For customers and purchases with ancestor queries, you still have the same structure with
two separate entities. The customer part is the same. However, when you create purchases,
you no longer need to specify the
KeyProperty() for purchases anymore. This is
because when you use ancestor queries, you call the customer entity's key when
you create a purchase entity.
class Customer(ndb.Model): name = ndb.StringProperty() class Purchase(ndb.Model): price = ndb.IntegerProperty()
Each purchase has a key, and the customer has its own key as well. However, each purchase key will have the customer_entity's key embedded in it. Remember, this will be limited to one write per ancestor per second. The following creates an entity with an ancestor:
purchase = Purchase(parent=customer_entity.key)
To query for the purchases of a given customer, use the following query.
purchases = Purchase.query(ancestor=customer_entity.key).fetch()
Query objects have the following read-only data attributes:
|kind||Kind name (usually the class name)|
|ancestor||Ancestor specified to query|
Printing a query object (or calling
repr() on it)
produces a nicely-formatted string representation:
print(Employee.query()) # -> Query(kind='Employee') print(Employee.query(ancestor=ndb.Key(Manager, 1))) # -> Query(kind='Employee', ancestor=Key('Manager', 1))
Filtering for Structured Property Values
A query can filter directly for the field values of structured properties.
For example, a query for all contacts with an address whose city is
'Amsterdam' would look like
query = Contact.query(Contact.addresses.city == 'Amsterdam')
If you combine multiple such filters, the filters may match
Address sub-entities within
the same Contact entity.
query = Contact.query(Contact.addresses.city == 'Amsterdam', # Beware! Contact.addresses.street == 'Spear St')
may find contacts with an address whose city is
'Amsterdam' and another (different) address whose street is
'Spear St'. However, at least for equality filters, you can
create a query that returns only results with multiple values in a
query = Contact.query(Contact.addresses == Address(city='San Francisco', street='Spear St'))
If you use this technique, properties of the sub-entity
None are ignored in the query.
If a property has a default value, you have to explicitly set it to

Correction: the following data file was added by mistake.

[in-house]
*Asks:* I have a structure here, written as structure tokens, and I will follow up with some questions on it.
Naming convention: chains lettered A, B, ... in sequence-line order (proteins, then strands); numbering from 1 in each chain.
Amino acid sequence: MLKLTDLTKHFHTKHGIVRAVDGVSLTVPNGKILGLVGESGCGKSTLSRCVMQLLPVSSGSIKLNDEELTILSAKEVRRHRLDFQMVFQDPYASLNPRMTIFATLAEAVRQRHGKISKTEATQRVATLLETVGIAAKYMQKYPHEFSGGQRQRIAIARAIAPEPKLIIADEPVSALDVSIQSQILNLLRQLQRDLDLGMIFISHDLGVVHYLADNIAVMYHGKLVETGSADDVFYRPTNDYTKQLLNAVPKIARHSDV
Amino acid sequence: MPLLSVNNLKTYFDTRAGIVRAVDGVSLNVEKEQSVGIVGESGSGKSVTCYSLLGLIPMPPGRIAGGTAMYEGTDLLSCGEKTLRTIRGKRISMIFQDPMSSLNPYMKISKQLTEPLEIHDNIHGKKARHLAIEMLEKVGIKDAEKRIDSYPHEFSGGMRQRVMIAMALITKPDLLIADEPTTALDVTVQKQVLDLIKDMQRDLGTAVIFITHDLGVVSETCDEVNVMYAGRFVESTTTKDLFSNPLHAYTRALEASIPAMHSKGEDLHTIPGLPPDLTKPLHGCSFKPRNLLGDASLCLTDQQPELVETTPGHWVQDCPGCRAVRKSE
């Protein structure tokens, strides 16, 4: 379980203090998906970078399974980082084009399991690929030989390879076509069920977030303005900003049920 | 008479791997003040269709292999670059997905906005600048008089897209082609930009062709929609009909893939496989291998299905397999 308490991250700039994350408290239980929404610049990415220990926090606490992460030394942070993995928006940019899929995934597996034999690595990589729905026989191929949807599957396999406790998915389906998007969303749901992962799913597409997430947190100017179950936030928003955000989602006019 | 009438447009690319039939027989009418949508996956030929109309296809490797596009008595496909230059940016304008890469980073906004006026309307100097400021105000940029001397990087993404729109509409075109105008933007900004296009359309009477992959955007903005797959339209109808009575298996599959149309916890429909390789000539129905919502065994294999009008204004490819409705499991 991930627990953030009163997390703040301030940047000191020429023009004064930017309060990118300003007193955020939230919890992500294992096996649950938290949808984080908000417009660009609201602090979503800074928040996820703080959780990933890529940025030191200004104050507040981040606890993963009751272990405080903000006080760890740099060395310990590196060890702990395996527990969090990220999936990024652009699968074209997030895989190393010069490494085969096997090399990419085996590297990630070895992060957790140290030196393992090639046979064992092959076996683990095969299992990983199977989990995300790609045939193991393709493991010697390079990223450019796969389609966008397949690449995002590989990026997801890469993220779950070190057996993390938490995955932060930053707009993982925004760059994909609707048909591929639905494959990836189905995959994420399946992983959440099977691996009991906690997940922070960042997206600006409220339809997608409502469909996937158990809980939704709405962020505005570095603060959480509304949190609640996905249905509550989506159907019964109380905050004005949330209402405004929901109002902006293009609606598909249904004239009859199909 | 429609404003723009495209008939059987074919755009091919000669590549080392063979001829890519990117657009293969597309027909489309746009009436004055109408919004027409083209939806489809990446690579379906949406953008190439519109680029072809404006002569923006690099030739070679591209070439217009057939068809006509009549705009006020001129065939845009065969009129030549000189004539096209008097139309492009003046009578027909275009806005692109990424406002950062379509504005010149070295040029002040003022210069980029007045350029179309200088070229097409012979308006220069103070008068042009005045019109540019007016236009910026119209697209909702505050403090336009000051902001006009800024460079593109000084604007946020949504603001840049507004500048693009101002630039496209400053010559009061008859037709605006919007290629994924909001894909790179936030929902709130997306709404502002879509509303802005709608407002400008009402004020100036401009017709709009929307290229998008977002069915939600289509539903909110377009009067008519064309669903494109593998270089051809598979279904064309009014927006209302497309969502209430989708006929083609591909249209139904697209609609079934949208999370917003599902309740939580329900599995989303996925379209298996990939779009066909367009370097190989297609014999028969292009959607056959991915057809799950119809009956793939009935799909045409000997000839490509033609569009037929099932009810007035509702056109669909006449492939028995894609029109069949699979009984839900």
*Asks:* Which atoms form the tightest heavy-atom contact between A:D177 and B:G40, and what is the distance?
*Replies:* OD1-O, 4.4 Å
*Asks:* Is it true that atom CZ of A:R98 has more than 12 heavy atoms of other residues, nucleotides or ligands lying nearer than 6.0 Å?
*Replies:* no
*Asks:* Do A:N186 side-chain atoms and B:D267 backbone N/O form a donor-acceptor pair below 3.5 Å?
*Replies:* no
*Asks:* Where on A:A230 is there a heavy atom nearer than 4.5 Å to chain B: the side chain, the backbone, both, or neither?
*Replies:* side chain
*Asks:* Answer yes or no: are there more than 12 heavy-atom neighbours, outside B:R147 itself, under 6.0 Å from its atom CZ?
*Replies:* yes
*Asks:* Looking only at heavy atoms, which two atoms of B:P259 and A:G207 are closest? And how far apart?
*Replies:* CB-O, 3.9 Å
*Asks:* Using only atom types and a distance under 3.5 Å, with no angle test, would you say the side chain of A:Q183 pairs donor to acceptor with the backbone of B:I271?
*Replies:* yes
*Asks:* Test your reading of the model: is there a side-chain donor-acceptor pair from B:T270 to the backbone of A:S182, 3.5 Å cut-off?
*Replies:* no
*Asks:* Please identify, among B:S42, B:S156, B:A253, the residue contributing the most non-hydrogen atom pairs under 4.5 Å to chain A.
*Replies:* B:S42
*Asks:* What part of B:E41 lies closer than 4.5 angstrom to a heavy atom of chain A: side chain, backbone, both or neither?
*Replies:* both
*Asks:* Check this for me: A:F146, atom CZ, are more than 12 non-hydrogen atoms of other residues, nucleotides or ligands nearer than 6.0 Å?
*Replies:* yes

None to ignore it in the query, otherwise the query includes
a filter requiring that property value to be equal to the default.
For example, if the
Address model had a property
default='us', the above
example would only return contacts with country equal to
'us'; to consider contacts with other country values,
you would need to filter for
Address(city='San Francisco', street='Spear St',
If a sub-entity has any property values equal to
they are ignored. Thus, it doesn't make sense to filter for
a sub-entity property value of
Using Properties Named by String
Sometimes you want to filter or order a query based on a property
whose name is
specified by string. For example, if you let the user enter search queries
tags:python, it would be convenient to somehow turn
that into a query like
Article.query(Article."tags" == "python") # does NOT work
If your model is an
Expando, then your
filter can use
Expando uses for dynamic properties:
property_to_query = 'location' query = FlexEmployee.query(ndb.GenericProperty(property_to_query) == 'SF')
GenericProperty also works if your model is not an
Expando, but if you want to ensure that you
are only using defined property names, you can also use the
_properties class attribute
query = Article.query(Article._properties[keyword] == value)
getattr() to get it from the class:
query = Article.query(getattr(Article, keyword) == value)
The difference is that
getattr() uses the "Python name"
of the property while
_properties is indexed by the
"datastore name" of the property. These only differ when the property
was declared with something like
class ArticleWithDifferentDatastoreName(ndb.Model): title = ndb.StringProperty('t')
Here the Python name is
title but the datastore name is
These approaches also work for ordering query results: